Using schema markup in HubSpot

Enhancing your blogs in HubSpot can be pretty straightforward. You can choose a template or module implementation based on the situation. 

Adding code to a template 

If you regularly publish a news article, you’re likely using a consistent single schema. This means you only need to build an article schema at the template level of your content, and whoever is uploading and publishing your content doesn’t have to do any additional work.  

Creating a custom module

Say you need multiple schema types because you publish articles, events, and new career opportunities; you can create options that the content editor can select when each piece of content is ready to be published. 

If you’re unfamiliar with the code, you can acquire the services of a developer or use the Schema Markup integration that automates this task for you. 

Alternatively, there’s the Google Structured Data Markup Helper, here’s how:

Step 1: Open up helper. 
Step 2: Choose the type of listing to which you want to add structured data, then paste the URL in the form field.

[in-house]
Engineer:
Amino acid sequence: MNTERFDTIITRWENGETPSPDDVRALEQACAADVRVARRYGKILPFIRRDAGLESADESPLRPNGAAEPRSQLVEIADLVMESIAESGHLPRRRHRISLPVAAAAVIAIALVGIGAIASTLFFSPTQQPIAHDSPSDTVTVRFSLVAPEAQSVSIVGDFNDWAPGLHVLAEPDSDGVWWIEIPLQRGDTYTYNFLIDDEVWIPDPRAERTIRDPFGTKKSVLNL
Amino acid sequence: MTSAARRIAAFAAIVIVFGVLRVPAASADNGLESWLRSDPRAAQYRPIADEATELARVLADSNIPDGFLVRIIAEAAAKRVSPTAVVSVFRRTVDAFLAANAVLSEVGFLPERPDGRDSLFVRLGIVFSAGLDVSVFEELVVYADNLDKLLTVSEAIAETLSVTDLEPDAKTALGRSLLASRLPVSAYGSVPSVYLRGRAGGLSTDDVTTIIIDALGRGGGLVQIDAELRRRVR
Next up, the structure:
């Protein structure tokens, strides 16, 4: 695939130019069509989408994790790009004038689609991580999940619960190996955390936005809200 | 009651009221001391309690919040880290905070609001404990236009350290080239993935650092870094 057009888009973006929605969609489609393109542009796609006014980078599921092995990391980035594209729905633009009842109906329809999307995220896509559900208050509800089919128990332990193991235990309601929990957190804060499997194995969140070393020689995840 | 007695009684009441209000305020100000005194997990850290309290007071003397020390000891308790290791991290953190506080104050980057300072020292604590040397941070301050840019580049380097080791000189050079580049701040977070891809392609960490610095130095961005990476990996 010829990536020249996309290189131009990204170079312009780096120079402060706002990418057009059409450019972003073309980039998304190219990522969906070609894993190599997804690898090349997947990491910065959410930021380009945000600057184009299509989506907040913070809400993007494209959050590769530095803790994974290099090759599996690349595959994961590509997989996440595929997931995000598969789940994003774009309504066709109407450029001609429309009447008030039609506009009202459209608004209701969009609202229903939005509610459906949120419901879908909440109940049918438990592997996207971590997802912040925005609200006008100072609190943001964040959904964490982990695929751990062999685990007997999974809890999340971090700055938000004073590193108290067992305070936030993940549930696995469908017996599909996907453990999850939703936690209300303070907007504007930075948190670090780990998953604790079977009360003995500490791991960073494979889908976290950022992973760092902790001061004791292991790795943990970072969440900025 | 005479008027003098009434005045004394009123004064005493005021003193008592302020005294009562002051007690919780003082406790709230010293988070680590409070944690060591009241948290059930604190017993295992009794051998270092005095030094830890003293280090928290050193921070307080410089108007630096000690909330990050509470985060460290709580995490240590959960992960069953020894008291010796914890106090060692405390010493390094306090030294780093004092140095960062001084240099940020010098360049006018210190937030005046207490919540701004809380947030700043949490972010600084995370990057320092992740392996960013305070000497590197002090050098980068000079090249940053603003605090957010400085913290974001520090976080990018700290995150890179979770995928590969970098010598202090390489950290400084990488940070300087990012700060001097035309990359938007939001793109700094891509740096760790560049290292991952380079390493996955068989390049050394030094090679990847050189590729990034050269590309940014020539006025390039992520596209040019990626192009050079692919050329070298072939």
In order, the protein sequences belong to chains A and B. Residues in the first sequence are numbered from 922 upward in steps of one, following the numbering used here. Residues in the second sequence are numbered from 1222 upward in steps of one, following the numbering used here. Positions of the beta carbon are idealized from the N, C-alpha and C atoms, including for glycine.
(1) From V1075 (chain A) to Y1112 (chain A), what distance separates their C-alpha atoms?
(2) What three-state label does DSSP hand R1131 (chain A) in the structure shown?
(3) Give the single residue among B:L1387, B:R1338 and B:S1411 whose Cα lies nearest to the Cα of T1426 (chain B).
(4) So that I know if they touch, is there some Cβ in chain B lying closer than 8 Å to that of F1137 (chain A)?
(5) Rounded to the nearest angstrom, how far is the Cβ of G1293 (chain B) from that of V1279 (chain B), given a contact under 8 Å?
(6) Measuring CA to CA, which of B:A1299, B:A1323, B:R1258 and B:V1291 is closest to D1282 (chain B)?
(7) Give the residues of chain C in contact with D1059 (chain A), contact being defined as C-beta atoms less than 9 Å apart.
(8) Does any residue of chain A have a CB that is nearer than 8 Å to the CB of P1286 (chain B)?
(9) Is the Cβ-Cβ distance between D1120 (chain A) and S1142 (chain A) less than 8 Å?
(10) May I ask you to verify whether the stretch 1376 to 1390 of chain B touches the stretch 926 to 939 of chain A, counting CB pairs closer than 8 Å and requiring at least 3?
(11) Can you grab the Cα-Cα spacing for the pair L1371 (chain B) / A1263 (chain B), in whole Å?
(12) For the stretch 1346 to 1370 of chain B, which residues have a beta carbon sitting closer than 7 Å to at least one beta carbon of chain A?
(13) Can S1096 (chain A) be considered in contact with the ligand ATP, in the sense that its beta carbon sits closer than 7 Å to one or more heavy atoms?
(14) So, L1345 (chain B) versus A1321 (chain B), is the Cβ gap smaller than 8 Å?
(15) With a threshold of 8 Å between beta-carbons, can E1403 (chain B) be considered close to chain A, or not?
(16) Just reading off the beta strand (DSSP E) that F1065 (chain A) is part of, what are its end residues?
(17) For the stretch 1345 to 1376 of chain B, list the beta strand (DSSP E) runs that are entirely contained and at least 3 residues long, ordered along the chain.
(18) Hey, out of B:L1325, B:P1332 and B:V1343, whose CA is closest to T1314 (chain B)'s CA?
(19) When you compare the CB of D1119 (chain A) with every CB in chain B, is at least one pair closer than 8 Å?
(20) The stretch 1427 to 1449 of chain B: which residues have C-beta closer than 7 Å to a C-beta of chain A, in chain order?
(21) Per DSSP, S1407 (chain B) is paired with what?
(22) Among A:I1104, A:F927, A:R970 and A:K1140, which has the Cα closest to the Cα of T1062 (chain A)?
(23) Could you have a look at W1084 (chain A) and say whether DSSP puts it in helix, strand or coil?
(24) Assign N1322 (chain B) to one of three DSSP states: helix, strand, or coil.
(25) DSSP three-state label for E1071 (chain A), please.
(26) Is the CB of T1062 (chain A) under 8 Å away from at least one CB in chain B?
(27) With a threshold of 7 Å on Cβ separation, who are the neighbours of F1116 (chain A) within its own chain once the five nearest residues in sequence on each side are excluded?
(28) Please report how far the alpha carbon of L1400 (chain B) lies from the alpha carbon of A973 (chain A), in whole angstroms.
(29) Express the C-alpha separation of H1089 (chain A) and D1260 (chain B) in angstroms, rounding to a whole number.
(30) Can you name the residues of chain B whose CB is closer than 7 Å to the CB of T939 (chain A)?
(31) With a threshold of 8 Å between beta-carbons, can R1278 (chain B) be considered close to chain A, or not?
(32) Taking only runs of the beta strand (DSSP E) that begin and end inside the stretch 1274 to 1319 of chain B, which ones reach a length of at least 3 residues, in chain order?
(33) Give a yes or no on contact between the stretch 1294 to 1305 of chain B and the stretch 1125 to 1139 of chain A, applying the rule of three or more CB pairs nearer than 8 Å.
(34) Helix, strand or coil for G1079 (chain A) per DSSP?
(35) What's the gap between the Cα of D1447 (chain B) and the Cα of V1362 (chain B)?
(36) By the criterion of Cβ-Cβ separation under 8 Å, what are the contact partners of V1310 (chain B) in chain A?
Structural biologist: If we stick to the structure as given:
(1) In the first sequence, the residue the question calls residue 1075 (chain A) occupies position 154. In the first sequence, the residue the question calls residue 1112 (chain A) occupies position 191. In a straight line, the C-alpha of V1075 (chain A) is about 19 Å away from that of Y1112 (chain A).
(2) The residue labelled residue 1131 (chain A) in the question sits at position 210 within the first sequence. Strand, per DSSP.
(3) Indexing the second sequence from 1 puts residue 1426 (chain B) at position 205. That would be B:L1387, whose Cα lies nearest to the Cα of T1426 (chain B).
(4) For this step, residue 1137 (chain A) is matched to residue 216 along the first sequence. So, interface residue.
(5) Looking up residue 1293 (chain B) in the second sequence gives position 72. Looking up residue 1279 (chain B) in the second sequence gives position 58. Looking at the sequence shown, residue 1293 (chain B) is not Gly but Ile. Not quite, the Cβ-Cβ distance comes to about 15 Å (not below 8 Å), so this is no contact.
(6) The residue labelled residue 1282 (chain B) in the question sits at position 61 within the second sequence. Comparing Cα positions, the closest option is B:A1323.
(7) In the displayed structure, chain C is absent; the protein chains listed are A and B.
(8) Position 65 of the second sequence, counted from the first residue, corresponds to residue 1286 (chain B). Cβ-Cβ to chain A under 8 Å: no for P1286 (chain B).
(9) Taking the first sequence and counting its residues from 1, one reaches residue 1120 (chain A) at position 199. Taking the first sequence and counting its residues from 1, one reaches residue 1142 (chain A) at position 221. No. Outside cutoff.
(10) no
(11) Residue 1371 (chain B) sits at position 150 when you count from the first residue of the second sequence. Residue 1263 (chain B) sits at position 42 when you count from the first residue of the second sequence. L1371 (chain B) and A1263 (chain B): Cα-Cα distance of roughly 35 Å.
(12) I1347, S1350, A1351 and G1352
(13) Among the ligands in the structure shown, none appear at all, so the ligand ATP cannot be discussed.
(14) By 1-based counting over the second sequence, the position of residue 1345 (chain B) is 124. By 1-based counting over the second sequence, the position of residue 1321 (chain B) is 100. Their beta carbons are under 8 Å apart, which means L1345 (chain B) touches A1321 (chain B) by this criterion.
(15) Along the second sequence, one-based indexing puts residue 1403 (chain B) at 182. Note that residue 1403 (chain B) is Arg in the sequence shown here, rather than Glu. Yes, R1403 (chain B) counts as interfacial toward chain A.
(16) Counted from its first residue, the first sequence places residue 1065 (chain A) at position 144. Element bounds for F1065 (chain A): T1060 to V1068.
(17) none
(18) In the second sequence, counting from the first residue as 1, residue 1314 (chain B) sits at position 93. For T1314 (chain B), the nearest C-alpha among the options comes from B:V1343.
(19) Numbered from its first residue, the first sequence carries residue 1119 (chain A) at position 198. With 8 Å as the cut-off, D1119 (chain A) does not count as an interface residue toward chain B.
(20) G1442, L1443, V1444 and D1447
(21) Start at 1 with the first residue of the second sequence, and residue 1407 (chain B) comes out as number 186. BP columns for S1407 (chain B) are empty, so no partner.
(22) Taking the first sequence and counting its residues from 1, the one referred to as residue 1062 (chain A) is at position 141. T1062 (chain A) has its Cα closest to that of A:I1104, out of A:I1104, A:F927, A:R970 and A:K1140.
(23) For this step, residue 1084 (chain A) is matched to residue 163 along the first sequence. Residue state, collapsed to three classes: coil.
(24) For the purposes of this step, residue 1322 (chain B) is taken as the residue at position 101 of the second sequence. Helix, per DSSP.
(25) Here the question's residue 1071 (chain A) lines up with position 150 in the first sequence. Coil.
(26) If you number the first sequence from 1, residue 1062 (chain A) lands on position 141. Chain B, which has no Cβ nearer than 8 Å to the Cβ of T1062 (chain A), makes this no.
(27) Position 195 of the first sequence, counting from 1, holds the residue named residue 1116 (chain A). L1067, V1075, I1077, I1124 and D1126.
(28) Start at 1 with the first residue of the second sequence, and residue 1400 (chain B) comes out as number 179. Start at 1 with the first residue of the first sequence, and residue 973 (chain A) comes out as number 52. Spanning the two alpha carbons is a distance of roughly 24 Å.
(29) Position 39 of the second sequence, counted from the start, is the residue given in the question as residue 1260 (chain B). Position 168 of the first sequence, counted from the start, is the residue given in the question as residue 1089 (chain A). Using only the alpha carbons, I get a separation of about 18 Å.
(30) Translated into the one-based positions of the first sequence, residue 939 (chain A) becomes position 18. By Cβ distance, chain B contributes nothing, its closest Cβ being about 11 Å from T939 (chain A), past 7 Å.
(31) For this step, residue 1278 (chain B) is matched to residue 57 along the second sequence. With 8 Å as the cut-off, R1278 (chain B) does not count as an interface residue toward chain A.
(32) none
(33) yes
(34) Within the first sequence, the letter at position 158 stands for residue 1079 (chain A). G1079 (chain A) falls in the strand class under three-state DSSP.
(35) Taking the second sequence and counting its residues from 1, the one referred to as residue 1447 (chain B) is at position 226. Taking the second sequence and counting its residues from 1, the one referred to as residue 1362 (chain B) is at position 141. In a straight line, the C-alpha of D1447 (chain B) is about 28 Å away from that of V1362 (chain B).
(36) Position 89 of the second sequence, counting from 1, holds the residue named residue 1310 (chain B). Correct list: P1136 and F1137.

Step 3: Type in the information you want to show up. 
Step 4: Click the “Create HTML” button. 
Step 5: Select the yellow, highlighted code ( your markup code) and copy and paste it —  or hit “download”. 
Step 6: Place the code in your CMS. 

Lastly, be sure to test that the schema markup shows up as you intend; you can do this by using the Google Structured Data Testing Tool

When we’re talking specifically about individual blogs in HubSpot, you can now add custom HTML into the head section of each blog. It’s where you’d add custom scripts so that you have more control over how your blog is presented in search results. Here’s what you need to do:

  1. Go to a blog in your HubSpot editor
  2. Click the Settings tabClick
  3. Advanced Options
  4. Add your customer HTML into the Head HTML field. 




If, after reading this article, you feel inspired to make your blogs super search engine-friendly by using schema markup, we can help ensure that you understand the best practices and applications well. 

By reviewing your existing SEO strategy as well as the tools and methods you are using to upload and publish content, we can help you achieve more growth and attract better-qualified traffic. Apply for our free SEO check and talk to an expert at BEE Digital about how our services can be tailored to your needs.